- For Immediate Release:
On October 19, 2022, the FDA issued final guidance #253, “Good Manufacturing Practices for Animal Cells, Tissues, and Cell- and Tissue-Based Products,” and final guidance #254, “Donor Eligibility for Animal Cells, Tissues, and Cell- and Tissue-Based Products.” The FDA incorporated public input on the draft guidance documents after they published for public comment in September 2021. The revisions from the draft to final versions were non-substantive. For more information, see “FDA Finalizes Guidance on Donor Eligibility and Manufacturing of Cellular Therapies for Animals”
Today, the U.S Food and Drug Administration issued for public comment two draft guidance documents that, if finalized, will help manufacturers of animal cells, tissues, and cell- and tissue-based products (ACTPs) understand current good manufacturing practice requirements (CGMPs) for new animal drugs under the Federal Food, Drug, and Cosmetic Act (FD&C Act). CGMPs help prevent contamination and help ensure ACTP quality. If finalized, the recommendations are intended to support the development of promising and innovative products that can benefit animal health.
“ACTPs have the potential to make significant changes in how we treat diseases and may provide novel therapies for unmet therapeutic needs of animals. We want to support manufacturers in the safe production of these promising products,” said Dr. Janet Woodcock, Acting Commissioner of the FDA. “It is important to note that the FDA is not imposing any new requirements on the manufacturers of ACTPs with these new draft guidance documents. These draft guidance documents, if finalized, are intended to assist manufacturers by providing product-specific recommendations that will help developers of these products meet existing FDA manufacturing requirements. Our goal is to help manufacturers be successful in their efforts to develop innovative products that can benefit animal health.”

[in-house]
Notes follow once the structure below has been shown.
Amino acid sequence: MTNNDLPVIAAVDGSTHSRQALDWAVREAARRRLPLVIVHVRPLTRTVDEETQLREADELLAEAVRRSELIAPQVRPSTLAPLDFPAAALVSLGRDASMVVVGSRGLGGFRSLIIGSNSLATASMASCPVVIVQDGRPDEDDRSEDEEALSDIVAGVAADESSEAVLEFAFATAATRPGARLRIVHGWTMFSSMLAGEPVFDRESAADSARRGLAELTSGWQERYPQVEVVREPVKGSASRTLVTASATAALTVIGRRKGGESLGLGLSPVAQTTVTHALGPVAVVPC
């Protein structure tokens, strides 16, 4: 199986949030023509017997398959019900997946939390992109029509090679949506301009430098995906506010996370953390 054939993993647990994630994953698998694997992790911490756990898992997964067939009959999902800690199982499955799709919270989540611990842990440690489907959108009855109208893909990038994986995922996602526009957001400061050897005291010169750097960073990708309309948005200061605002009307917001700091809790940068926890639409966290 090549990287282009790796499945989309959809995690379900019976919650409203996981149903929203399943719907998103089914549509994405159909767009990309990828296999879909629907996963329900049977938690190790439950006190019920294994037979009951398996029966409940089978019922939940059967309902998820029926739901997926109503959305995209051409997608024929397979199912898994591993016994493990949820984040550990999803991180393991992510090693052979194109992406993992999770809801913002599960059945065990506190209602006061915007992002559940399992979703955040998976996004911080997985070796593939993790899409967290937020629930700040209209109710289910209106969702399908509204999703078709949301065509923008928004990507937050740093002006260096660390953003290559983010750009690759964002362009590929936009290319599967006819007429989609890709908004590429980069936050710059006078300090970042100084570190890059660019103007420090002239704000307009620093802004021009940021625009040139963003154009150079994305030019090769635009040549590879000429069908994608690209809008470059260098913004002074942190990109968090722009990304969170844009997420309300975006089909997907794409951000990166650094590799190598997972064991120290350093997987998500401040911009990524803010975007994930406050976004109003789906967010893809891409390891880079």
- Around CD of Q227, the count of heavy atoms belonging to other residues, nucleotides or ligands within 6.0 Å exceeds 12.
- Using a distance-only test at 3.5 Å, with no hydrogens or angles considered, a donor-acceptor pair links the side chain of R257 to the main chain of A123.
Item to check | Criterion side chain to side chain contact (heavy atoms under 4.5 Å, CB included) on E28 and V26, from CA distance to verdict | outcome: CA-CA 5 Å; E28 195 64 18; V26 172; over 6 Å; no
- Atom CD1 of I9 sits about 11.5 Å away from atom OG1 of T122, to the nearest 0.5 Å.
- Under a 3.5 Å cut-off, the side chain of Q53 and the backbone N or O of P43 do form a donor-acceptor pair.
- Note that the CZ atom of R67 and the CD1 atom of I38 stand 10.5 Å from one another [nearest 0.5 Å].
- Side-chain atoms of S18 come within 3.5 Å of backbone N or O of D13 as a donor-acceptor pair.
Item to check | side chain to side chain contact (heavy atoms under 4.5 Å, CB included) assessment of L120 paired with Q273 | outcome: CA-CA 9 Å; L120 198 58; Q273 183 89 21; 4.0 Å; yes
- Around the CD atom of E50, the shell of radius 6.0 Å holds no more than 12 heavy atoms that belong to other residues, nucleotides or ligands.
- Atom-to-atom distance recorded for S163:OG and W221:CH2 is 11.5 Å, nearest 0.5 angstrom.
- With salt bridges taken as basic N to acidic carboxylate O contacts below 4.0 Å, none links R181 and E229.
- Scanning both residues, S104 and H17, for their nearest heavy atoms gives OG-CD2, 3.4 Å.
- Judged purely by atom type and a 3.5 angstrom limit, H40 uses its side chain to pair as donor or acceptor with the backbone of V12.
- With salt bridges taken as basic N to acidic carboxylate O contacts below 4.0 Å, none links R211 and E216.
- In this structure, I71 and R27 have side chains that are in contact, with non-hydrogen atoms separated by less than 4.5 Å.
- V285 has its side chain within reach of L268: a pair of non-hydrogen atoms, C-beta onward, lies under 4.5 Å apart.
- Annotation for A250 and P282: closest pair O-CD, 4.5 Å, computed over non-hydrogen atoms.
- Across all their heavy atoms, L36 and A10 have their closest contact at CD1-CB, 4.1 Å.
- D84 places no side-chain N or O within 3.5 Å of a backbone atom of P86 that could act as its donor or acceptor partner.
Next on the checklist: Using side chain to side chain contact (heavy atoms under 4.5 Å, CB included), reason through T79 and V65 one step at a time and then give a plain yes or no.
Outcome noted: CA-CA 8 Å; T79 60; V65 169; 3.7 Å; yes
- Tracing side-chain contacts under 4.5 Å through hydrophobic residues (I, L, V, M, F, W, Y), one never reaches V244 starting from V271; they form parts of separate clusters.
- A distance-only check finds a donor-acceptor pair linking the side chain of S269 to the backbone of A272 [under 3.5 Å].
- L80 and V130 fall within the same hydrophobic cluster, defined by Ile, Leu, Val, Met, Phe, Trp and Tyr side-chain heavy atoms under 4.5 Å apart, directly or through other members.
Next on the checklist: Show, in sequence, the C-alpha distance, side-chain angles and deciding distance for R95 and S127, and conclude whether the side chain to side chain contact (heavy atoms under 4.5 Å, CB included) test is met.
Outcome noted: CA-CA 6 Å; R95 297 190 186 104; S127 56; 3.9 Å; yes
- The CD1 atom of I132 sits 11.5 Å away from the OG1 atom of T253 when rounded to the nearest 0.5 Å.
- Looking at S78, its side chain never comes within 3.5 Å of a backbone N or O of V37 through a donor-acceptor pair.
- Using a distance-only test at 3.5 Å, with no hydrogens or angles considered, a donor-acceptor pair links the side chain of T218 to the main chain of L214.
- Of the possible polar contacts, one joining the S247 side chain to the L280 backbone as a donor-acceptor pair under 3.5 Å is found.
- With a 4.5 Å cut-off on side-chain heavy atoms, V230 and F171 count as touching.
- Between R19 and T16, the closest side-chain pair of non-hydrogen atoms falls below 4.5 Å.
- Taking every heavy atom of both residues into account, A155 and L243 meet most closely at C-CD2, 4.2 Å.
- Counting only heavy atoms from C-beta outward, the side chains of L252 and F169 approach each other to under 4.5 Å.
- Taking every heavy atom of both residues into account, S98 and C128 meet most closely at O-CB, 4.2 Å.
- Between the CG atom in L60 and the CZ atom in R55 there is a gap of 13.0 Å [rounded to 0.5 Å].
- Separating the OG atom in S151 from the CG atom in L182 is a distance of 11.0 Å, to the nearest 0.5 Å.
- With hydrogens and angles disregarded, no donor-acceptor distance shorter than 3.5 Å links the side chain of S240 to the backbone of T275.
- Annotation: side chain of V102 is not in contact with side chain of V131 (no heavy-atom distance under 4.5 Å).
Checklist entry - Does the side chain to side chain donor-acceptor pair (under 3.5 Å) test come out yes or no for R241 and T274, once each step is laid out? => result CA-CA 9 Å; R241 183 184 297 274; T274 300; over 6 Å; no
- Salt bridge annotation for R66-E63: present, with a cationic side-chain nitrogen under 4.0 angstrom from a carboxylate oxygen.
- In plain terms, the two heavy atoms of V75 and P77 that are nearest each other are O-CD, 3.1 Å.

In the draft guidance, ACTPs are defined as products that contain, consist of, or are derived from cells or tissues that are intended for implantation, transplantation, infusion or transfer into an animal recipient. Furthermore, ACTPs refer to products that meet the definition of a new animal drug. In the draft guidance, ACTPs include both cell-based products and animal stem cell-based products. ACTPs are most commonly investigated for regenerative medicine applications because they have the potential to repair diseased or damaged tissues in animals through regeneration and healing. Currently, these products are most commonly investigated and used in companion animals including dogs, cats, and horses; however, ACTPs may be also be developed for use in other species.
All new animal drugs are required to be manufactured in accordance with CGMPs to ensure that such drugs meet the requirements of the FD&C Act for safety, and to have the identity, strength, quality, and purity characteristics which they purport to or are represented to possess. Because the manufacture of ACTPs present unique considerations for complying with CGMPs, the FDA is issuing two draft guidance documents for industry.